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Oct 2010 15

by Brett Warner

Indie folk troubadour Sufjan Stevens has a new album called The Age of Adz and despite what the iTunes Store and Amazon.com will tell you, it is not “alternative rock.” The Age of Adz is a big, loud, messy electronic record with gurgling, buzzing synths and sputtering, almost glitchcore/IDM drum programming. To say it diverges from Sufjan’s previously established sound – alternately precious and pretentious acoustic pop with a predilection for Christ and state trivia – is a gross understatement that leads me to an all-too common musicologist dilemma: What type of music is this, exactly?

With the iTunes Library all but replacing the traditional wooden shelf strewn with LPs, CDs, and a stray cassette tape or too, anal-retentive music geeks find themselves in a perpetual pickle: Right click to update an album’s info and you’ve got to decide then and there what genre category this belongs to. How specific should one get? Is “80s Manchester post-punk” really necessary, or will “rock” suffice? Additionally, what do these genre and subgenre tags even mean – really? When forced to, few record collectors can really offer a distinction between, let’s say, “shoegaze” and “dream pop” or “IDM” and “glitchcore.” The intense breakdown of musical styles leads to a massive barrage of labels and movements, one that’s maddening to keep straight. Not to mention the plain fact that not all bands (certainly not the best ones) really adhere to a single sound. There’s also economics to consider – Sonic Youth and R.E.M. signed to major labels half-way into their careers, so is it a misnomer to consider them “indie” or “alternative”?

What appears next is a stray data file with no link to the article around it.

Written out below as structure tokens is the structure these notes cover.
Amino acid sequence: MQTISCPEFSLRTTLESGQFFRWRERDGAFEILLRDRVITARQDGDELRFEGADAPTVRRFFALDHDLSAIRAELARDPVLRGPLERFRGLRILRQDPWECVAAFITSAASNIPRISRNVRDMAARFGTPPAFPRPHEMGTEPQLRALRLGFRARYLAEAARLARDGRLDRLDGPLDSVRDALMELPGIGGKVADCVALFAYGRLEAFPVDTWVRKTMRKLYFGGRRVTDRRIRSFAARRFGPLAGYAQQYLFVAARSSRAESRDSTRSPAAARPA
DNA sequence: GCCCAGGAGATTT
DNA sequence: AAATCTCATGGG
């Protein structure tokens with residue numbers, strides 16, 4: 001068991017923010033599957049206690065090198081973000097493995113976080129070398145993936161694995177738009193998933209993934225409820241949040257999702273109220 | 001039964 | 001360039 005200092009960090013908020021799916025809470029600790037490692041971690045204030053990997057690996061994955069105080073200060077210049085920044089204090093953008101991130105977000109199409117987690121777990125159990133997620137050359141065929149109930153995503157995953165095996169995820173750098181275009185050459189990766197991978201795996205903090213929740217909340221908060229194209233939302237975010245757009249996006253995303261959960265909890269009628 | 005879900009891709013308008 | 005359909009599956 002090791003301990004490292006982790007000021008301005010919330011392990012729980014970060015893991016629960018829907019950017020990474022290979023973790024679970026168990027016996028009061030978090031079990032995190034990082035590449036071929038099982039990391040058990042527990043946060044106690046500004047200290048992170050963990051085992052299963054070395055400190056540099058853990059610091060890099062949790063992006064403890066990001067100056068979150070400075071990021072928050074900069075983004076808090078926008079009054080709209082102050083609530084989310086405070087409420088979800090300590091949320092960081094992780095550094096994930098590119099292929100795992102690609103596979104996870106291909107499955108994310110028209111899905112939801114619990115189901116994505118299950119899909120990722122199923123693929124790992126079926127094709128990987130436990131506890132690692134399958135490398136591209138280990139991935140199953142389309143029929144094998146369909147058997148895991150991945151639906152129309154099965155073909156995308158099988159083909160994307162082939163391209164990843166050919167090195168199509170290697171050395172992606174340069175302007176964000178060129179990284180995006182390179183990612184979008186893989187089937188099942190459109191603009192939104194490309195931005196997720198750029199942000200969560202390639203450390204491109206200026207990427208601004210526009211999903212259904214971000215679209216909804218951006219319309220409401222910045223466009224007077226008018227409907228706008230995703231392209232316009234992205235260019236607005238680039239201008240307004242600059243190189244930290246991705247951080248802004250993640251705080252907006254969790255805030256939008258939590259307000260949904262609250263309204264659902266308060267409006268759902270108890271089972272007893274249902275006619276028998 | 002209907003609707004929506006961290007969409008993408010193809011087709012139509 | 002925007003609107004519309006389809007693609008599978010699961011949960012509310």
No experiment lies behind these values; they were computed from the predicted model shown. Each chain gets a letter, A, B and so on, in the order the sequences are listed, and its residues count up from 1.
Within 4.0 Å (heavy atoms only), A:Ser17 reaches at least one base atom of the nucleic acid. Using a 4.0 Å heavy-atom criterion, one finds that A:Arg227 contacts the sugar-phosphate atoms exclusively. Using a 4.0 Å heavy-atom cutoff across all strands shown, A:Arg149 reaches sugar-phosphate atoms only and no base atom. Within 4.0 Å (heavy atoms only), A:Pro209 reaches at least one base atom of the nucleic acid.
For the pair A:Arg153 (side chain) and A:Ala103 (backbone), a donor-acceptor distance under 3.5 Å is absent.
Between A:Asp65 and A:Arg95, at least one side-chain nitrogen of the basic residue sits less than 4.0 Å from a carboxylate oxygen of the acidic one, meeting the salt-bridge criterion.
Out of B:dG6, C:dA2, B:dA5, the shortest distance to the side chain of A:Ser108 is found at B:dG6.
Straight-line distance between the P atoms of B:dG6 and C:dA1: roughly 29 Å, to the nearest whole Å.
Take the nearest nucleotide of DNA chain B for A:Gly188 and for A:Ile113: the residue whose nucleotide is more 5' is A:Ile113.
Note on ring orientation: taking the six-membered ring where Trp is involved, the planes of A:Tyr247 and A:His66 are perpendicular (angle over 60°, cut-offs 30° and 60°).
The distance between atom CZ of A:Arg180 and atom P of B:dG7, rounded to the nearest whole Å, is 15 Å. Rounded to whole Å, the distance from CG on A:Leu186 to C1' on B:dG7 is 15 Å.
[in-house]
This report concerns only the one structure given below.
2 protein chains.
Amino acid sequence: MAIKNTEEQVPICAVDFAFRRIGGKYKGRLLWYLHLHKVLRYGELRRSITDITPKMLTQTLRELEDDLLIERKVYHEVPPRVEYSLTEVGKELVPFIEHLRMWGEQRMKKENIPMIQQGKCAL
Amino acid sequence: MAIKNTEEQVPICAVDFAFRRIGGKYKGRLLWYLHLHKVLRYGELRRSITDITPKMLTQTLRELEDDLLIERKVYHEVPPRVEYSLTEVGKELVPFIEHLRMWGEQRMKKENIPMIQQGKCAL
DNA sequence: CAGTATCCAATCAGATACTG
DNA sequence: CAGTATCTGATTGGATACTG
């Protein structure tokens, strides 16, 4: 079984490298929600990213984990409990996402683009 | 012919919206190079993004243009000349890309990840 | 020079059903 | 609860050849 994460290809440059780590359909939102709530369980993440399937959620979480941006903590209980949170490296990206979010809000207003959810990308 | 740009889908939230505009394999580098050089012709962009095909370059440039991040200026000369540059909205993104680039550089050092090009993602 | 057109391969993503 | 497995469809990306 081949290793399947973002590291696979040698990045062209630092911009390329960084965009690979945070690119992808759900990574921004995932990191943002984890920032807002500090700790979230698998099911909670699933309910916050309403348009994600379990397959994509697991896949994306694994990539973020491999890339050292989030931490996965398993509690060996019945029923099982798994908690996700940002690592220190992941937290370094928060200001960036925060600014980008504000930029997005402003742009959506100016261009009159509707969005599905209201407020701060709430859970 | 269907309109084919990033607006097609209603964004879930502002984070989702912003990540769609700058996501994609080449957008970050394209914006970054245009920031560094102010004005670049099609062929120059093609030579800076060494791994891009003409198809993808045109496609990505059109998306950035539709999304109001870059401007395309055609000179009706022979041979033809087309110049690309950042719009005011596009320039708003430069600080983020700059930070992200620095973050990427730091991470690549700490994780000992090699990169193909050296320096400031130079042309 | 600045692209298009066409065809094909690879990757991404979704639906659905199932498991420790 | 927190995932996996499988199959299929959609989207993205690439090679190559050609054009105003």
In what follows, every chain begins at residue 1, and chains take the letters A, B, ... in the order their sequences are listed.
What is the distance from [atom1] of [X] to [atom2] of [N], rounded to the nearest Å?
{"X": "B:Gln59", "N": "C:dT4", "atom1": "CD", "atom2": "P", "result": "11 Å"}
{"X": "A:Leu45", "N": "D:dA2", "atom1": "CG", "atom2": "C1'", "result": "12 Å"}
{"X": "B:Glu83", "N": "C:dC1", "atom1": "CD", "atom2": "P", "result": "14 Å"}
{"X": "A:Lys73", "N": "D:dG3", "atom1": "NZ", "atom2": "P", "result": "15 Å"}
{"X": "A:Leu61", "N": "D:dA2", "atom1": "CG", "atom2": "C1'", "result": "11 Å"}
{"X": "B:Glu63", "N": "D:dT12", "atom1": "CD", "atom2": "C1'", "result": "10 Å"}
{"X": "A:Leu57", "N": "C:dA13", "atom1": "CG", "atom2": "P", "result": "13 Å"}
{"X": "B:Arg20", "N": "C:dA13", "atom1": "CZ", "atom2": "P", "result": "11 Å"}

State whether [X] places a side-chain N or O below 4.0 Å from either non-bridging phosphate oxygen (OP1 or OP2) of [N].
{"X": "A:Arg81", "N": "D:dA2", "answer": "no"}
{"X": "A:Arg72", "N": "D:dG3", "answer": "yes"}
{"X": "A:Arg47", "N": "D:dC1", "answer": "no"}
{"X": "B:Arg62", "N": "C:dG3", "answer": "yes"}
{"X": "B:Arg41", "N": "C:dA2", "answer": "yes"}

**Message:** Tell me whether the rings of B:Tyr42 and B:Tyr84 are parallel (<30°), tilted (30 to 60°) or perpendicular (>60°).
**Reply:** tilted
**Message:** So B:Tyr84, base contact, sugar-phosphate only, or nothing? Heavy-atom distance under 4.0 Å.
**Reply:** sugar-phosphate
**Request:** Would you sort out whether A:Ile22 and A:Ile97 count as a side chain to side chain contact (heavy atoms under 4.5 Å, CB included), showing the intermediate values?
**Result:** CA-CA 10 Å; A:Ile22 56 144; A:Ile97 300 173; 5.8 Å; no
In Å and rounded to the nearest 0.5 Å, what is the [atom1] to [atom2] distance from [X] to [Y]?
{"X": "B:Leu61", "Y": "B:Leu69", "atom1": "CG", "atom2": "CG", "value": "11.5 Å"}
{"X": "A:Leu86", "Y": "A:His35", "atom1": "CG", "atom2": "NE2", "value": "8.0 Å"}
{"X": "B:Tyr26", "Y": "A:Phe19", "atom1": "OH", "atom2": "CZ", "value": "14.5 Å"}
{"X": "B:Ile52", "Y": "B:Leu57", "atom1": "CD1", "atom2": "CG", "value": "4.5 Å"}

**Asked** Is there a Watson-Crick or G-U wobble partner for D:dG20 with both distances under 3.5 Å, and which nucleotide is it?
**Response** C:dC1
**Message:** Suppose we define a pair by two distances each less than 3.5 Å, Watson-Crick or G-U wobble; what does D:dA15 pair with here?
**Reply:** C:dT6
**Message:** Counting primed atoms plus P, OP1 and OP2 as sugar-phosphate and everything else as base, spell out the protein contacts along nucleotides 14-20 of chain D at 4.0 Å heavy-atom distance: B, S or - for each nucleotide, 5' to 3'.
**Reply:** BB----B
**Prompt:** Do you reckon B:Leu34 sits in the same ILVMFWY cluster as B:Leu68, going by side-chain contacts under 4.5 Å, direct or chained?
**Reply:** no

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Oct 2010 15

by Nicole Powers

“The actual point of politics is lost.”

– 3D (a.k.a. Robert Del Naja)

‘You’re only paranoid if they’re not out to get you,’ is an adage that’s self-evidently true. With that as a given, Massive Attack mainstay 3D (a.k.a. Robert Del Naja) has every right to feel more than a little suspicious and mistrustful, especially when it comes to matters of internet privacy, security and surveillance.

After the FBI passed on a list of 7,300 UK credit card numbers associated with various porn sites (some legal and some of an illicit nature) to UK authorities, 3D was swept up in the excessively wide net of an indiscriminate police sting in 2003. Though allegations of any wrongdoing were unfounded, the repercussions were severe for the outspoken graffiti artist, vocalist and music producer. His home was raided, and all his computers and hard drives were confiscated for several months. To compound the situation, despite the fact that no charges directly relating to the police operation were ever filed, the furor that surrounded the investigation and baseless accusations (which were leaked and sensationally reported by a tabloid newspaper) meant that touring plans to promote Massive Attack’s fourth studio album 100th Window had to be put on hold. The situation was all the more ironic considering the title of that album referred to a book that exposed the flaws in computer security and the rampant misuse of information in the internet age.

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Oct 2010 14

by AJ Focht

The time warp has flipped and landed The Rocky Horror Picture Show at its 35th anniversary. Marking three and a half decades as the premier cult classic, the “sweet transvestites from Transsexual, Transylvania” are celebrating by invading your homes. Comic-Con 2010 brought the announcement that Glee would be doing a RHPS episode (which is set to air on Oct 26th), and now it has been confirmed that Dr. Frank-N-Furter & Co. will also be taking over your games console with a Guitar Hero track pack.